Motherhood is a complete whirlwind. Sometimes finding the joy and smiles is easy and sometimes it's a little harder, but amid those times it's not so easy we owe it to ourselves to savour those moments forever.

Hello you lovely lot and welcome back to another instalment of the #MotherhoodMondays guest post series; a  weekly feature for mothers to share their stories about their incredible journeys of motherhood in all kinds of forms. Don't forget to get in touch if you want out get involved, we're always looking for some more mamas to guest post for us.
For this week's feature we have the lovely Sara from Mind your Mamma. Sara is a London-based mum of 3 boys who very recently came to the realisation that life was too mental, and something had to give. She left her 9-5 job in London to spend more time with her children, look after herself a bit more before she loses the plot, and to give this writing thing a go. She blogs about family and parenting, self-care and mindfulness on her blog Mind your Mamma. In this week's feature Sara will kindly share a post about all the things you don't learn from all those books and I can relate to her post so much. As first time parents my husband and I thought that we were all prepared for this whirlwind called parenthood, but there were so much that we didn't even consider. It doesn't matter how many books you read nothing can prepare you for being awake for 6 days straight or figuring out what to do when your new baby decides to have an explosive poop all over you because your nappy changing skills are not up to scratch. Thank you so much Sara for wanting to take part in our series, it's greatly appreciated.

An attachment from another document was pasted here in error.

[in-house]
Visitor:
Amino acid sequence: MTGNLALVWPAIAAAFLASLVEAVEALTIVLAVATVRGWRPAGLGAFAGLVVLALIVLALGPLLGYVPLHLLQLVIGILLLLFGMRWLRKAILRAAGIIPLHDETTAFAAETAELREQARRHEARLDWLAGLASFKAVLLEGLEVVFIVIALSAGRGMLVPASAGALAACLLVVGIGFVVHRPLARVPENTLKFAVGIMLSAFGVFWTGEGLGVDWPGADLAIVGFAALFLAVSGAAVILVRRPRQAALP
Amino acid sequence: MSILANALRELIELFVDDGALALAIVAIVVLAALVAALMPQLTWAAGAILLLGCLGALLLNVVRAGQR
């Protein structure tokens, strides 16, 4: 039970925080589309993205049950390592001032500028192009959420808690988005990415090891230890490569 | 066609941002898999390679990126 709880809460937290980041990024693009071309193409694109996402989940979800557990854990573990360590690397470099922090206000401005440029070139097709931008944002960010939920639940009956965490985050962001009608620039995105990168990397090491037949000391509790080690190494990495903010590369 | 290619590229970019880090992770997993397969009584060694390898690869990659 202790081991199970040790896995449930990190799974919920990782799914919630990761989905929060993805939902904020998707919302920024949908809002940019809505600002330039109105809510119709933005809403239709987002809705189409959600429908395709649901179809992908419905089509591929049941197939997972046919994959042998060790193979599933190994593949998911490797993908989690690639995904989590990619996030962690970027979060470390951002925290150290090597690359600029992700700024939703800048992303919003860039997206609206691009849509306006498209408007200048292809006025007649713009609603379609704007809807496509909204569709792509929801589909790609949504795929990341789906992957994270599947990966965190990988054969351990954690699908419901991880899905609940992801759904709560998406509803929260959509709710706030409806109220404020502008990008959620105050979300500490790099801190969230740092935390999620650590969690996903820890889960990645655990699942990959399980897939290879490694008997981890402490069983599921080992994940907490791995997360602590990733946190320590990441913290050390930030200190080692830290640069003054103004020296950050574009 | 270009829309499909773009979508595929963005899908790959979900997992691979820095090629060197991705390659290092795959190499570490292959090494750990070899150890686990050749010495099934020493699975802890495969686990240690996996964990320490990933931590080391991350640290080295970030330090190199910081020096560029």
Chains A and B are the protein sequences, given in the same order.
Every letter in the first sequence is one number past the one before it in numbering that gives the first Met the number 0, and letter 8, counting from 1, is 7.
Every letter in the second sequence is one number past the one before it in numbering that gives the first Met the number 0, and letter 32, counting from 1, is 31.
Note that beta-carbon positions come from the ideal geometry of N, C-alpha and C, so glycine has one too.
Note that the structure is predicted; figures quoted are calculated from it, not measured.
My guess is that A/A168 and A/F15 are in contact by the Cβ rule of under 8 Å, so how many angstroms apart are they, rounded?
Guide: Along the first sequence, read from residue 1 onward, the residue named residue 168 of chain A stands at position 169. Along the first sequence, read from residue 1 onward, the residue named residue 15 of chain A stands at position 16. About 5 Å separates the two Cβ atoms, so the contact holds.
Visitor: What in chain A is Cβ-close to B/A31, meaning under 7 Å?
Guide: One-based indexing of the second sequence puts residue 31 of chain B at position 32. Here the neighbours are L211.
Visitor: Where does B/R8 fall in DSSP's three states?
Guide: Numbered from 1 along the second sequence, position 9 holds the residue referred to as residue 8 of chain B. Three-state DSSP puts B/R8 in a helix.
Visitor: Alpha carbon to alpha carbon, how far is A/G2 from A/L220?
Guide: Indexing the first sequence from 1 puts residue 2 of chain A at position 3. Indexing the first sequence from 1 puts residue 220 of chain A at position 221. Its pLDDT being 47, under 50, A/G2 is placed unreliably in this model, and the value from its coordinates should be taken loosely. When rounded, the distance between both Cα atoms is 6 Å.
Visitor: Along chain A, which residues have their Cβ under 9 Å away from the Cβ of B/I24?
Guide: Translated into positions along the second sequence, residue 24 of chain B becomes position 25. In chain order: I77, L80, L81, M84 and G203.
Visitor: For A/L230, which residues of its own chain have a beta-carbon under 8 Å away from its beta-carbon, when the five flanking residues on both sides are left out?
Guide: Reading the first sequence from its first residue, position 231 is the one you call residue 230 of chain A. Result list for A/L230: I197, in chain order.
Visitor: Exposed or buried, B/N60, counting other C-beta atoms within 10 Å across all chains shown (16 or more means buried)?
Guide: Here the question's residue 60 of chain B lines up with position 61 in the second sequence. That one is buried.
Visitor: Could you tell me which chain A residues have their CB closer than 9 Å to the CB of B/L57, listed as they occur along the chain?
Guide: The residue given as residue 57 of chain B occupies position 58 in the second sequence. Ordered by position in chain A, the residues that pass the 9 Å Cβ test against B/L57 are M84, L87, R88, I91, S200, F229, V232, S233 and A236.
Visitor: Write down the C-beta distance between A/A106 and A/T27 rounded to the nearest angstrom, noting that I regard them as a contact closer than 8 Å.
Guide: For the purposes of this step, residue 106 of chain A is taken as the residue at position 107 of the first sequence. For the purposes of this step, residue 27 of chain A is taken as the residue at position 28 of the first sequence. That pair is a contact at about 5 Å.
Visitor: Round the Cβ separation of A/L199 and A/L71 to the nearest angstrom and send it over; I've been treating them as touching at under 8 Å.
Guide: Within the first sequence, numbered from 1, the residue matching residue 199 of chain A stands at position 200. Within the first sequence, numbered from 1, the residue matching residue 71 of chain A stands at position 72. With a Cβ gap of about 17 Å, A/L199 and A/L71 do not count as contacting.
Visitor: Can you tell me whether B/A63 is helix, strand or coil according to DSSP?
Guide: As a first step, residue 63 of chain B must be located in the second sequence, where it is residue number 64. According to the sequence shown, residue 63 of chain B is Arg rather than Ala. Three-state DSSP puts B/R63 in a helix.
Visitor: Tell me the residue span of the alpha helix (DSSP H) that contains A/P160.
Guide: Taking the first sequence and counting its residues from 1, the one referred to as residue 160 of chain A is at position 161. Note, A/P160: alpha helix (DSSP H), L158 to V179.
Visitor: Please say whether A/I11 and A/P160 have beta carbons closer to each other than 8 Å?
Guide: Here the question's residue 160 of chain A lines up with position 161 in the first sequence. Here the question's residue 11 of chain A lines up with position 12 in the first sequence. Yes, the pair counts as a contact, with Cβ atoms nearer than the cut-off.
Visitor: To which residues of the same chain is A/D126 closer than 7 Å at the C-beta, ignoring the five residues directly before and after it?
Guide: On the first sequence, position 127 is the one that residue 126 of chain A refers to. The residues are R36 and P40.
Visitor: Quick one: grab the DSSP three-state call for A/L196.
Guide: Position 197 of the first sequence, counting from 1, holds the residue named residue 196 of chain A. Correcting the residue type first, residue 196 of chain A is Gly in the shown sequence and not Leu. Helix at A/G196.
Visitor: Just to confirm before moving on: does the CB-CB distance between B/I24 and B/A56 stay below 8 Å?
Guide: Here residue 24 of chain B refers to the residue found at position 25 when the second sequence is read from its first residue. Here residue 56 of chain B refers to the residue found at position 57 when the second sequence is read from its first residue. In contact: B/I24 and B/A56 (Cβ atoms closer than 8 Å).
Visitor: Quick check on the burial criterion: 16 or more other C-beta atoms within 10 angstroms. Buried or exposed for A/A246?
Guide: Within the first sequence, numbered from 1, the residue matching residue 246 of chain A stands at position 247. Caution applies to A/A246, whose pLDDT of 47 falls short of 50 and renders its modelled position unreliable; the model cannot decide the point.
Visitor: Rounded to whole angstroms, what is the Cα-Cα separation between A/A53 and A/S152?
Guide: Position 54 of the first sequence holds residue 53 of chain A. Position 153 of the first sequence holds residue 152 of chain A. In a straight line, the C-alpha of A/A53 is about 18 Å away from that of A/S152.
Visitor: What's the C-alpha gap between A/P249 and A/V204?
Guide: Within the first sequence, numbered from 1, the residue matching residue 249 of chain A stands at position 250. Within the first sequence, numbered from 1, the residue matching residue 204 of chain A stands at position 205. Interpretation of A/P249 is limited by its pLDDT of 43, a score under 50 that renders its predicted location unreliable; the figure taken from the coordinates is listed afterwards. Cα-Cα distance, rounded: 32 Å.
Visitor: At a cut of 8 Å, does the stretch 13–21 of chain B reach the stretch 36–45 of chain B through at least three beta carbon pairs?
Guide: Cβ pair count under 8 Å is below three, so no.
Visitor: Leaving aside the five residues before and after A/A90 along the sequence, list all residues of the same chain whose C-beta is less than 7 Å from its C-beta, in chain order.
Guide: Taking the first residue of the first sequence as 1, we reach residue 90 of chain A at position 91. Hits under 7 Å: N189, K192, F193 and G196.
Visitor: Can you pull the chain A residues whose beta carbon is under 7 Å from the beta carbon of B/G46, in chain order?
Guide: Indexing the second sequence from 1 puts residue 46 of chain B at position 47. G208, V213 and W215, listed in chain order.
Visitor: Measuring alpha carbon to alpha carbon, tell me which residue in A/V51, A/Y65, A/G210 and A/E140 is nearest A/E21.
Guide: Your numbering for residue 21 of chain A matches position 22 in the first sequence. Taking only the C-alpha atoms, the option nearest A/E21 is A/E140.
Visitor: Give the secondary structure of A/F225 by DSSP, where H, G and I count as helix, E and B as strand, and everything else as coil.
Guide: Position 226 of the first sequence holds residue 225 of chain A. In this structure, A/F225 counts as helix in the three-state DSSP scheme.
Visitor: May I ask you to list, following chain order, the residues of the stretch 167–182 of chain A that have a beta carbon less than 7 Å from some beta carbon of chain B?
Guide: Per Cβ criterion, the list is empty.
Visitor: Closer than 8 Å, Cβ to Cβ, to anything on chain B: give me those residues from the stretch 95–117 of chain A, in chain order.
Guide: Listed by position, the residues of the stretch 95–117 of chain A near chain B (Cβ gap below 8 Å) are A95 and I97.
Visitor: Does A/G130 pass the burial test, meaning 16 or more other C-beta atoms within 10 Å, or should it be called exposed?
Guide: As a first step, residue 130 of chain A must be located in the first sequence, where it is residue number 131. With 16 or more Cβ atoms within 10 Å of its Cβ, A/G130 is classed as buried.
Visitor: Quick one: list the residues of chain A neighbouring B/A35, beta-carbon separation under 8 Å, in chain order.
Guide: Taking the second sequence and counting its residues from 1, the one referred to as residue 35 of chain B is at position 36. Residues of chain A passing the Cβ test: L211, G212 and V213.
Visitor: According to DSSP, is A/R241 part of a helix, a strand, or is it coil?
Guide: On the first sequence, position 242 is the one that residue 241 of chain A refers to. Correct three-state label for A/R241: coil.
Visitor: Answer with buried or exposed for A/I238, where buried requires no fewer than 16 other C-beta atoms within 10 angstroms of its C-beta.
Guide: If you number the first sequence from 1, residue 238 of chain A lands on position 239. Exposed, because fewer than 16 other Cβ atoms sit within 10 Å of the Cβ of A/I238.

Why you don't learn to be a mum from books
I got married a few days before turning 28, and my first little boy was born 9 months and 3 days after our wedding. To say that we had planned and prepared for this baby for a long time would obviously be a lie! We always knew we wanted children, but obviously we weren’t sure how long it’d actually take us to start a family, so it was amazing to be able to fall pregnant straight away and without any issues.
At the time we didn’t have many other close friends who had already had babies, and it’s fair to say that we were yet to be exposed to the wealth of information, advice and parenting methods available ‘out there’ for new parents! So during my pregnancy, armed with a copy of What To Expect When You Are Expecting, we attended the free NHS antenatal and breastfeeding classes at our local hospital, and we thought we were good and ready.